I am currently finishing up a book called “Cheap: The High Cost of Discount Culture” by Ellen Ruppel Shell, and wanted to let you know about it. For anyone concerned about the invasion of the big box stores in our country, the decline of mom & pop stores, and of real craftspeople, this book is for you. Shell is a a correspondent for the Atlantic Monthly and professor of science journalism at Boston University, and her credentials are definitely seen in this book – it is well researched and full of eye-opening information… all without being judgmental. The costs of our desire for “cheap” are high and are slowly creeping into every aspect of our lives – blighted landscapes, high unemployment, the demise of small, personal stores, a huge trade deficit, and mountains of disposable goods.
While most books about our discount culture focus on Walmart, Shell actually tends to focus more on the household giant IKEA, purveyor of incredibly inexpensive “disposable” furniture. Walmart is an easy target, as there is plenty of information out there about just how much damage they inflict on our communities. (You know how I love to talk smack about Walmart!) But IKEA is one that is rarely discussed, and Shell does a good job of explaining how they fly under the radar while selling us on cheap design. In regards to a table that is being sold at IKEA for $69, she has this to say:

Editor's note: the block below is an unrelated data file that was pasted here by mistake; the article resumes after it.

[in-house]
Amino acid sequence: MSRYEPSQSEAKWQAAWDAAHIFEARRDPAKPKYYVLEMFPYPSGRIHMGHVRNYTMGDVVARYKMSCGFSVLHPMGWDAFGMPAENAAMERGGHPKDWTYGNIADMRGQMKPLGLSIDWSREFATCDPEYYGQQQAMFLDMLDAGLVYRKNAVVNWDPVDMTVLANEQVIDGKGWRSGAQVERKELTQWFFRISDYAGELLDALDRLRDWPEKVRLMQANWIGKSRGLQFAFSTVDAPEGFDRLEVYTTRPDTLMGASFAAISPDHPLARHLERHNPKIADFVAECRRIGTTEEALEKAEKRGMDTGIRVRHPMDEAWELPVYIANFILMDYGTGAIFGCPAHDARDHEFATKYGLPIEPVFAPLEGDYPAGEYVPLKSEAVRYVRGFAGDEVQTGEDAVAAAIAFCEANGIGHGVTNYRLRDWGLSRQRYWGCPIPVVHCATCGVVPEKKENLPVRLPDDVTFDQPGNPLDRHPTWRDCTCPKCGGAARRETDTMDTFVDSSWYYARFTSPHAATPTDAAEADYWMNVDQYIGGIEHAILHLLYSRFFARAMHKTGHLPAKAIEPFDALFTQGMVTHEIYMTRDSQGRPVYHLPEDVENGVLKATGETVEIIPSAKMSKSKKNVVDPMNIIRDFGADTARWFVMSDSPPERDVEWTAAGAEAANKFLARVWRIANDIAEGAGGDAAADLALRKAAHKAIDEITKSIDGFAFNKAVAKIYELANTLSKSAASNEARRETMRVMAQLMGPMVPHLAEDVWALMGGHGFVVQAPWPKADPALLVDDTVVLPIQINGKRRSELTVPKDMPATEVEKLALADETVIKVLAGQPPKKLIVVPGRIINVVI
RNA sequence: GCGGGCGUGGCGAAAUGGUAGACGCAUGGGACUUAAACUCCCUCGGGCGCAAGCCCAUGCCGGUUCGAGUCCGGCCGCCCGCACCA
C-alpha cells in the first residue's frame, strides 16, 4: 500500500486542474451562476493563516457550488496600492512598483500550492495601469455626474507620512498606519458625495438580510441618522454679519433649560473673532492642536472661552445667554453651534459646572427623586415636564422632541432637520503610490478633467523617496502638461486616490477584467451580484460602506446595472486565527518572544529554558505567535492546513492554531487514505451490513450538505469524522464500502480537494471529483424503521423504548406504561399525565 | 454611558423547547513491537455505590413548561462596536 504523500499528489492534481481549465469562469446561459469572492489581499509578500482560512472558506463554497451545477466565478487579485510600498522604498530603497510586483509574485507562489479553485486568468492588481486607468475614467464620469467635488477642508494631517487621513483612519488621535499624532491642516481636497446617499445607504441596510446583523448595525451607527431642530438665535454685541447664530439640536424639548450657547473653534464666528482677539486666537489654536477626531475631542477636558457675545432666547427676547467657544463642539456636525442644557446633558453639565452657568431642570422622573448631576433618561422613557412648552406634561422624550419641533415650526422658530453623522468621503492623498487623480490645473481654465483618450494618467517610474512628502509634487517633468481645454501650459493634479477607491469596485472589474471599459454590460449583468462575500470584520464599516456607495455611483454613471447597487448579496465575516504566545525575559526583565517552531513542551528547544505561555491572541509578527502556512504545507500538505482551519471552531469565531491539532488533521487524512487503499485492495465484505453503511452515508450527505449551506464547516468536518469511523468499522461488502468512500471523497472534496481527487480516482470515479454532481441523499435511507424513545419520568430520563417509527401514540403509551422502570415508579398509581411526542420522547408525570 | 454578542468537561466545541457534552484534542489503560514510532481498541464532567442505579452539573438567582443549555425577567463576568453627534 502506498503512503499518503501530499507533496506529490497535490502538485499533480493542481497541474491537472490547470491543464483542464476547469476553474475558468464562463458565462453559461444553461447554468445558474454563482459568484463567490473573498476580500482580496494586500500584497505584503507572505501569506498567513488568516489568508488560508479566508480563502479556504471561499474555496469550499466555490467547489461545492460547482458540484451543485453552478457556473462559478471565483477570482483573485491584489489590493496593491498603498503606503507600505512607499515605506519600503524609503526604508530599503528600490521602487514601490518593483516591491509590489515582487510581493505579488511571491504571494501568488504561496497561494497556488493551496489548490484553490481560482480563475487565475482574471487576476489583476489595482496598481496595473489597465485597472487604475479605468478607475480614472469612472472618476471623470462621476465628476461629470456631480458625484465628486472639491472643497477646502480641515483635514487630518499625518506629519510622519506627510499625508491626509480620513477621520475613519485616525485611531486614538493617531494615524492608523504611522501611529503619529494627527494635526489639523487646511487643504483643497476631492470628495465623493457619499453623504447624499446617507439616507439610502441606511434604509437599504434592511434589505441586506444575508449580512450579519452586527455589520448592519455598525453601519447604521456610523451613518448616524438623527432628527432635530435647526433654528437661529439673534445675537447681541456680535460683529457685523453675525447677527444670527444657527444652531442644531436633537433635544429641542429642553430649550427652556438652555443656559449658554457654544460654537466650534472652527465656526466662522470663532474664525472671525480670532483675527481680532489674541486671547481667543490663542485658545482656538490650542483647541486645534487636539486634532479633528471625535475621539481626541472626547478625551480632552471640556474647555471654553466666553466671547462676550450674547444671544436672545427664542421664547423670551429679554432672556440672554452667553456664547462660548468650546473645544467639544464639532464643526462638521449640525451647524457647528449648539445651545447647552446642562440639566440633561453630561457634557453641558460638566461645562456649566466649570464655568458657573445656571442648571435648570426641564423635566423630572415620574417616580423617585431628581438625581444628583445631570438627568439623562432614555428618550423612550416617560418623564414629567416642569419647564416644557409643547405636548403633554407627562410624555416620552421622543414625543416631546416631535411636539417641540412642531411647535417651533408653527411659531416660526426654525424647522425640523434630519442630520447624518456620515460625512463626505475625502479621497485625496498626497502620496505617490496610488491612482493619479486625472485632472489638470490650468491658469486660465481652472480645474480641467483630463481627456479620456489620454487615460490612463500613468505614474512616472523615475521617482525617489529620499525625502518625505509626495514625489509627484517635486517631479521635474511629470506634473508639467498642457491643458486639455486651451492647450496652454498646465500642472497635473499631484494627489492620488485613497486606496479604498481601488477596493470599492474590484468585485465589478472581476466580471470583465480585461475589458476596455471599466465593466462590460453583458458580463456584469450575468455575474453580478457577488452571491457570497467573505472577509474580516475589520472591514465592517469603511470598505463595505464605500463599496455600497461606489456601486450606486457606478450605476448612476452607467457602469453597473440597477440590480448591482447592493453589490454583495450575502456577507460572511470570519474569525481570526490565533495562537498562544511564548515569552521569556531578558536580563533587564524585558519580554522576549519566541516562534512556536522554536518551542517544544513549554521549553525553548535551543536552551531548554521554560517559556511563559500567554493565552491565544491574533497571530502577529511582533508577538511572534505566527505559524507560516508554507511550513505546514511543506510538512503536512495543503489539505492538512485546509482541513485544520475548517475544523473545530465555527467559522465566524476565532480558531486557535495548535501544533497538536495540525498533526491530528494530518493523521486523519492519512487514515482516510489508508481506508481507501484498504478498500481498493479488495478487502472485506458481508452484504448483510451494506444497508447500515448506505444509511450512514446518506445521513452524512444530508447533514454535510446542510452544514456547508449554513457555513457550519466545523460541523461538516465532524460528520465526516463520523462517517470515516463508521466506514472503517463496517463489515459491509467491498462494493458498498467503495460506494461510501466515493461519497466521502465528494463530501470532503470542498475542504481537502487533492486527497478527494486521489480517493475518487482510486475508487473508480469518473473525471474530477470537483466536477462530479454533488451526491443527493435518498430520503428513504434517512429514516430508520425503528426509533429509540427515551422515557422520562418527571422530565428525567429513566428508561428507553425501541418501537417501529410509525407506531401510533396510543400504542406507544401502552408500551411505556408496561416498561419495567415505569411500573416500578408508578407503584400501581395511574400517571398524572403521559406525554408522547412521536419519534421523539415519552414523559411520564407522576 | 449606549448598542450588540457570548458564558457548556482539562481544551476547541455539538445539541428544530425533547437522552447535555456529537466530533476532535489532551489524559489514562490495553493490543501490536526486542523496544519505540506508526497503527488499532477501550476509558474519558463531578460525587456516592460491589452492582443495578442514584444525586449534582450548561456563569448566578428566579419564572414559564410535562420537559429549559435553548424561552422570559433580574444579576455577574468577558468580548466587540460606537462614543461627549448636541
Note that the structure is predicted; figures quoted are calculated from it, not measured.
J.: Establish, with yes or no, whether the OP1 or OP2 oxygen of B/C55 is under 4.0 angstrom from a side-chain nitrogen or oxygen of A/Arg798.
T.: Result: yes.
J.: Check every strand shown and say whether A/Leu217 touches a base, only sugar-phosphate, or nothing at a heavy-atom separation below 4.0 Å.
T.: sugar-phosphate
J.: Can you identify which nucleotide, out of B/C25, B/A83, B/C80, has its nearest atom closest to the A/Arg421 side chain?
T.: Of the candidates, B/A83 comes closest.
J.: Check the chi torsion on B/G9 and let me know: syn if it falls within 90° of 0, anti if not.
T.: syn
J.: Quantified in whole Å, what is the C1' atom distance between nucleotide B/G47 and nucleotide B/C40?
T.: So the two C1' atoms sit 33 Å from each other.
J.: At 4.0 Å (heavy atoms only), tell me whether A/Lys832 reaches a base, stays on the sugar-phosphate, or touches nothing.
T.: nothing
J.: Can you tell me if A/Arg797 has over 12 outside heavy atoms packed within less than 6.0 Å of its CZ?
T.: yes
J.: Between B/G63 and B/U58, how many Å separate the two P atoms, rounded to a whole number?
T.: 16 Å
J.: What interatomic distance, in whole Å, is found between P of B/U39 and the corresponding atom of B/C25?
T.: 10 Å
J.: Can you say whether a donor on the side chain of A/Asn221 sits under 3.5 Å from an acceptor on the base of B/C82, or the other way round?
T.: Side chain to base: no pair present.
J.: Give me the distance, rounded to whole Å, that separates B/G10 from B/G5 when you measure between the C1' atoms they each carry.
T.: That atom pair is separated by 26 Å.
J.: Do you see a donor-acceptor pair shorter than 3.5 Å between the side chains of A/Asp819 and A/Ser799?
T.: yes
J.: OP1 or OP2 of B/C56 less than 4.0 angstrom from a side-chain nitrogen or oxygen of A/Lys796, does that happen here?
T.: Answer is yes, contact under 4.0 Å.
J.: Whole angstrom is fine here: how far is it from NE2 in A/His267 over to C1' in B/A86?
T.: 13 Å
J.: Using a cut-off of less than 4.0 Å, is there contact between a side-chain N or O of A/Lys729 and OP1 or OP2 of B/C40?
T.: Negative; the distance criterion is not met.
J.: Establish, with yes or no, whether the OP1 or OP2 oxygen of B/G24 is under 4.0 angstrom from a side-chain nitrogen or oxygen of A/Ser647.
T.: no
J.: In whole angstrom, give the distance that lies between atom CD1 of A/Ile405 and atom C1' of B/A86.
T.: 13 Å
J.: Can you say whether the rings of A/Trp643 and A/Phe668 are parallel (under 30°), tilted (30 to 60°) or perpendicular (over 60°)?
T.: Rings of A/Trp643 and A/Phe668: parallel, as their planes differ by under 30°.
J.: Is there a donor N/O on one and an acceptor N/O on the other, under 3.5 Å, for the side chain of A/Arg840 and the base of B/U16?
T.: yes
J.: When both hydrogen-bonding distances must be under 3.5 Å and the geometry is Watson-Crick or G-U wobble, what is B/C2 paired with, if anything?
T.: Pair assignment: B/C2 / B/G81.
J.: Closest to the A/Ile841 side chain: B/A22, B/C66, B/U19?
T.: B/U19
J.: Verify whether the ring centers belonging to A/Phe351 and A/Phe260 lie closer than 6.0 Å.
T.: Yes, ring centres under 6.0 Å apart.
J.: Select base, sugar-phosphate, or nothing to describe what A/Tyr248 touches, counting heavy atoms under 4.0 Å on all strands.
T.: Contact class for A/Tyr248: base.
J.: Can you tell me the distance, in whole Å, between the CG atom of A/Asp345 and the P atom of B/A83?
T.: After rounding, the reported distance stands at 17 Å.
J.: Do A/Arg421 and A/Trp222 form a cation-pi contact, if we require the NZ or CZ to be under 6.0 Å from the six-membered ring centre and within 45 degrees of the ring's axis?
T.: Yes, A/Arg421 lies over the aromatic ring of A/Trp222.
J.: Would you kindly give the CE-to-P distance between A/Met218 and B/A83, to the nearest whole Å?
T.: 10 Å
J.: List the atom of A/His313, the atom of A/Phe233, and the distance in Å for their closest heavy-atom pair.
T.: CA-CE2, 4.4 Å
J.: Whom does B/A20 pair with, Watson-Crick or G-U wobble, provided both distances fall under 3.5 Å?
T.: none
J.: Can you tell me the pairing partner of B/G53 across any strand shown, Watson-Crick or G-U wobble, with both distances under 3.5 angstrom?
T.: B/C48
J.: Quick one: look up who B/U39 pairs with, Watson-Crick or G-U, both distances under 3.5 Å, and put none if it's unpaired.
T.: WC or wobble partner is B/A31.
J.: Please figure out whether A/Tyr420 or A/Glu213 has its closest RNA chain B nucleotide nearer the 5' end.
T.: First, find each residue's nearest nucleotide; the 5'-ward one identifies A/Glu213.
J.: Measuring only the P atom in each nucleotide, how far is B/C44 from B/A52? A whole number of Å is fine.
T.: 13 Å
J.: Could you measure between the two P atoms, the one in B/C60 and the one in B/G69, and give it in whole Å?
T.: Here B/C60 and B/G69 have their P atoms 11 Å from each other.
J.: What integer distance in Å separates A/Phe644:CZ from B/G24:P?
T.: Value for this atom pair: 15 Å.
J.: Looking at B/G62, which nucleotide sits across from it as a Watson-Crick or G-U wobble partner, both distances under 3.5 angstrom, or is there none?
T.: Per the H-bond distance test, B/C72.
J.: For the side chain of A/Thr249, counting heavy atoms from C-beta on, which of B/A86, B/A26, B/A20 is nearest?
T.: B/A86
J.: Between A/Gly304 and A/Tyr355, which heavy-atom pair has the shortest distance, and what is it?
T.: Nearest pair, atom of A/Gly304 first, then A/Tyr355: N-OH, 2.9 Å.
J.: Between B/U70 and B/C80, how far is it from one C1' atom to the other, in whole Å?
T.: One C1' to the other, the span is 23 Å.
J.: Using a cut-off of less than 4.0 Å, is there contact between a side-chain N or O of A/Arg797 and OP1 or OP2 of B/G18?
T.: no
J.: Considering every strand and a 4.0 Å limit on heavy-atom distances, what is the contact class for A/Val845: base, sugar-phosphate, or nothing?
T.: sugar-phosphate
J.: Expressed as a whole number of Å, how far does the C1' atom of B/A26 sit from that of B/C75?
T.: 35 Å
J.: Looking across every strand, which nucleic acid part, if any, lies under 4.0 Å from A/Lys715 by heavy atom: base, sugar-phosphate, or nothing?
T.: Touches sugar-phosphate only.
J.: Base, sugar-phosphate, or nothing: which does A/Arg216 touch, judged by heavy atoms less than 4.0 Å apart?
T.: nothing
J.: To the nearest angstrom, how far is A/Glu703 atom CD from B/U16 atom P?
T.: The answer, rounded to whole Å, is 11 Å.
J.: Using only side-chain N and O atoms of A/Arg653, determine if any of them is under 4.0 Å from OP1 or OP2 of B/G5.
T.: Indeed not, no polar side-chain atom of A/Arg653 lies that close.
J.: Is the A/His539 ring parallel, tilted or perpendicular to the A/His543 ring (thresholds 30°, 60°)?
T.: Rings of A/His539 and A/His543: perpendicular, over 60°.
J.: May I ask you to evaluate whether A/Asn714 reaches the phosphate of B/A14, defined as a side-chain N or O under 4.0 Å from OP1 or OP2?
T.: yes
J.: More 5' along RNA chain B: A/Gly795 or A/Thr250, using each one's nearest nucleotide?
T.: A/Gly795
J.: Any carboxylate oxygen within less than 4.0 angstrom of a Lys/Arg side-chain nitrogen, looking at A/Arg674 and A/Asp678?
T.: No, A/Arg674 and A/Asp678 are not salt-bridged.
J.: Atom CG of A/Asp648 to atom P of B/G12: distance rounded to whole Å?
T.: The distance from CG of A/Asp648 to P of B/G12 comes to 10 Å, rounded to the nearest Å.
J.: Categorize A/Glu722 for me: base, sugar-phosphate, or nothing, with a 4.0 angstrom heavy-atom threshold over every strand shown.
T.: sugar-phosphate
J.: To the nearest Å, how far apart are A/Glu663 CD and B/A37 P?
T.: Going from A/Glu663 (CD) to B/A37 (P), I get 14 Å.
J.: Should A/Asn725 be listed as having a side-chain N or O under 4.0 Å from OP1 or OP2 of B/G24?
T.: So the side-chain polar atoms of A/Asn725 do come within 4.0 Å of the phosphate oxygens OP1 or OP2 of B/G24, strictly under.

I asked a master furniture maker what he thought of this, and he responded with awe. “It’s mind-boggling,” he said. “I couldn’t buy the wood for that price, let alone build the thing.”
That pretty much sums up the IKEA story – cheaply made goods meant to be replaced every few years. Inexpensive design for the masses at questionable environmental costs. But before you think I am above falling for it, I will fully admit that I’m not innocent myself – I have shopped and probably will shop again in an IKEA store (albeit not for furniture anymore). I love reading their catalog and walking through their showroom, as most people do. However, I will give some extra thought to buying anything there from now on, after reading this book. I recently bought a desk made from wood and steel, handmade by a craftsman in Minnesota, who even signed his name on the underside of the unit. It weighs a ton, is solid as a rock, and will last seemingly forever. I paid a good deal for this desk, but I know he was paid well and I received a well-built piece of furniture that will never need fixing or disposing of – both things I can feel good about.
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